Location – Is It You or The Store?

There’s no denying that for many retailers, store location is key. That said, our changing culture means that the store’s physical location is only one factor and may not even be the most important geographic concern. This is why location analytics is now more important than ever.

First it was online shopping that challenged the old idea that all customers go to stores, and that passing trade is the dominant goal (following on from the days of mail order catalogues.) But today the landscape is even more complicated, with many retailers offering click and collect services. This means customers browse through products online from home, at work or on the move, then collect them at their convenience from whichever store turns out to be on their route.

Some examples: John Lewis has just 40 outlets, but lets customers order online and collect from 300 Waitrose stores. Meanwhile 5,000 corner shops and convenience stores act as collection points for orders from online retailers. Indeed, the retail world has even been turned on its head with a partnership that means customers can buy from eBay and then pick up the product at a local Argos a couple of days later rather than wait at home for a delivery.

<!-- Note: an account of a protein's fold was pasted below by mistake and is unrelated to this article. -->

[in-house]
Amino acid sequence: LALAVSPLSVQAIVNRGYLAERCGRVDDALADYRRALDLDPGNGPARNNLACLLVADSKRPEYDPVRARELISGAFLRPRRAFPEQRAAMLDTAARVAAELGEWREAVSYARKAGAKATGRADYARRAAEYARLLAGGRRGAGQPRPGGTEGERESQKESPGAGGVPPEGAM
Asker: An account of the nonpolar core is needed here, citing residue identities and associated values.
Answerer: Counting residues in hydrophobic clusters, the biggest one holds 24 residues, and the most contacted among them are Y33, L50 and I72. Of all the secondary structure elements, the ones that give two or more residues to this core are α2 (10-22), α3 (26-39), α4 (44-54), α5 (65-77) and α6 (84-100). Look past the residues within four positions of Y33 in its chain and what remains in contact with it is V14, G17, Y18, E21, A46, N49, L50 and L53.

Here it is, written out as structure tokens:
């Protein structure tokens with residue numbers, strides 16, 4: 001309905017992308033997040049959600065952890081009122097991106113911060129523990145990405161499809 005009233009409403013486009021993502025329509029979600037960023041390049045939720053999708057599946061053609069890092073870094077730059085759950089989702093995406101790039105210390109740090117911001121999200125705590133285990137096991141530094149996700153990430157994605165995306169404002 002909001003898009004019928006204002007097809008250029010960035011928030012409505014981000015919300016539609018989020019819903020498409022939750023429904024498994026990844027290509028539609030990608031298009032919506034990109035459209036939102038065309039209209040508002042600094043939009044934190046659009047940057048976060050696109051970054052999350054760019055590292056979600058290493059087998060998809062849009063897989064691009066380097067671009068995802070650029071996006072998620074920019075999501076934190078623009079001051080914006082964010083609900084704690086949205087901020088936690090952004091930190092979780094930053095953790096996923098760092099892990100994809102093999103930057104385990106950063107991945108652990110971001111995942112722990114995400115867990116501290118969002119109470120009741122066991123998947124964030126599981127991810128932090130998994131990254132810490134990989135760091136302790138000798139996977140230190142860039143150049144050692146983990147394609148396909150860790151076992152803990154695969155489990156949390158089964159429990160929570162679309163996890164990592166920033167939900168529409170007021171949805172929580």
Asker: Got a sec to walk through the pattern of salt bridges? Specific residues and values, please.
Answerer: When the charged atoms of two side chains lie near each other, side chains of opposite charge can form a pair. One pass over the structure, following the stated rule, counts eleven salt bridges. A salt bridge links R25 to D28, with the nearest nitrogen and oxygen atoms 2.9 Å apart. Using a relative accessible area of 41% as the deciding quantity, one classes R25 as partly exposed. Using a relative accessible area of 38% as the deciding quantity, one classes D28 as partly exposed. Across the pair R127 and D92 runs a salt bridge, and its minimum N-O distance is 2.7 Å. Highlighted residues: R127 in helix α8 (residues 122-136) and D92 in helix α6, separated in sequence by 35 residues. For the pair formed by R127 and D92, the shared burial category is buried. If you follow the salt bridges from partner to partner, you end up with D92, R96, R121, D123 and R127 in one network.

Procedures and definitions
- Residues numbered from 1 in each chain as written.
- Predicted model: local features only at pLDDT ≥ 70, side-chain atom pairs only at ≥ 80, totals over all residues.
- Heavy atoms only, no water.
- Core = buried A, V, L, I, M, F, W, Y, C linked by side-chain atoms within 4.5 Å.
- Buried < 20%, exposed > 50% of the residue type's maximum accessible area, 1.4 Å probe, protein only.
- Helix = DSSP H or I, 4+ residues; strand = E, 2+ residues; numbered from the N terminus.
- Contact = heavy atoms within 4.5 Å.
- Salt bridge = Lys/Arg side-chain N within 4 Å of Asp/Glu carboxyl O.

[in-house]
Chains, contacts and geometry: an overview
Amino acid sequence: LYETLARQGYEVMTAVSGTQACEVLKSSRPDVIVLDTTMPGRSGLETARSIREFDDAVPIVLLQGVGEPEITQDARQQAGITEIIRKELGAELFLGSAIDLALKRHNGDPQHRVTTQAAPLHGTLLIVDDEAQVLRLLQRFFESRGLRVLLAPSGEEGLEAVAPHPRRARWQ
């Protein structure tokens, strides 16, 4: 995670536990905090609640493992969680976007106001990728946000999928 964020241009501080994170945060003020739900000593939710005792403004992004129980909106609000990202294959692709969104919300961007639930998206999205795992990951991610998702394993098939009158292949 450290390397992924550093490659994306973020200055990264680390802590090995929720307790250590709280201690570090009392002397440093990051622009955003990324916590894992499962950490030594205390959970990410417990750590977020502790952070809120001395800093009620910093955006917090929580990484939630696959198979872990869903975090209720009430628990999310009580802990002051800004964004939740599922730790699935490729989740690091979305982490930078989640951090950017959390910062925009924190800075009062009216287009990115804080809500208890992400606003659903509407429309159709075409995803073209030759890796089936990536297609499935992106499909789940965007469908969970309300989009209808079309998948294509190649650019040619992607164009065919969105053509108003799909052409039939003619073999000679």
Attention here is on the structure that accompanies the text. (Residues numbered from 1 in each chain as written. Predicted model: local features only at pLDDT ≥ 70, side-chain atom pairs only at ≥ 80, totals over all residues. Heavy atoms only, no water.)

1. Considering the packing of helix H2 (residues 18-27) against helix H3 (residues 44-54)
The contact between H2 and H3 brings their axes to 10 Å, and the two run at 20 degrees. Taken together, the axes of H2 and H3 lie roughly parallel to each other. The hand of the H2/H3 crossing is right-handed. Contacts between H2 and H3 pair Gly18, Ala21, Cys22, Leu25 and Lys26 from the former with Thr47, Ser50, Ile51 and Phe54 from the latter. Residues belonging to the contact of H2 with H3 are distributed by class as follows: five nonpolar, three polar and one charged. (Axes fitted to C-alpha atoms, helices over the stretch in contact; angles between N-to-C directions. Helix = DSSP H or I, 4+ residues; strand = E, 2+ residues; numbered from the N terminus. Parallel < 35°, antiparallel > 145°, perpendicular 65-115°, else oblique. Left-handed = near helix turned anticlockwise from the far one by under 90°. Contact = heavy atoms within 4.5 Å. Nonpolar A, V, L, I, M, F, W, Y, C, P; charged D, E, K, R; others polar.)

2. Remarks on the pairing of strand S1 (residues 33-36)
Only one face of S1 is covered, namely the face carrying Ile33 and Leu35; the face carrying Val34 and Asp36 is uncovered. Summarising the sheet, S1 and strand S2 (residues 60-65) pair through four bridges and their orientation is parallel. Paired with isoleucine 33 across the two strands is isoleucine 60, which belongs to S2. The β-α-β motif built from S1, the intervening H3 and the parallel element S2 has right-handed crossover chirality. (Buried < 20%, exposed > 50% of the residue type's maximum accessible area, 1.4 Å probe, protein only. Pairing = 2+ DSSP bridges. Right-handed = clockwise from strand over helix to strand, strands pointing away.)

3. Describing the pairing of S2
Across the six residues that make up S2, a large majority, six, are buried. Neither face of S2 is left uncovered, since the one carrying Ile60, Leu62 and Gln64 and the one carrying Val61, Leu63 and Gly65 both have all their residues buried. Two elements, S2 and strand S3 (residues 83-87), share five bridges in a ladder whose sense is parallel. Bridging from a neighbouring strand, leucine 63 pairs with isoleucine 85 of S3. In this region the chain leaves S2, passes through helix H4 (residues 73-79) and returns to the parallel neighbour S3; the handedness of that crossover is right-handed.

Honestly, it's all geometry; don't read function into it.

Click and collect has big implications for the logic of trying to situate a retail store to best reach people shopping in person. Now retailers need to take into account numerous other location factors. For example, could billboard ads for a company with well-developed online shopping aimed at impulse buyers be best placed where the target demographic works rather than where they live or shop? Should a company looking for a local collection partnership take into account work-routes of customers, opening hours of stores, and whether customers are disproportionately likely to work unusual shift patterns?

With all these questions, location analytics can be the solution. It involves visualising data on maps, with variables and multiple data sources easily combined by the best platforms. Location analytics can help companies find the most suitable outlets or delivery centres, whichever retail format they decide upon.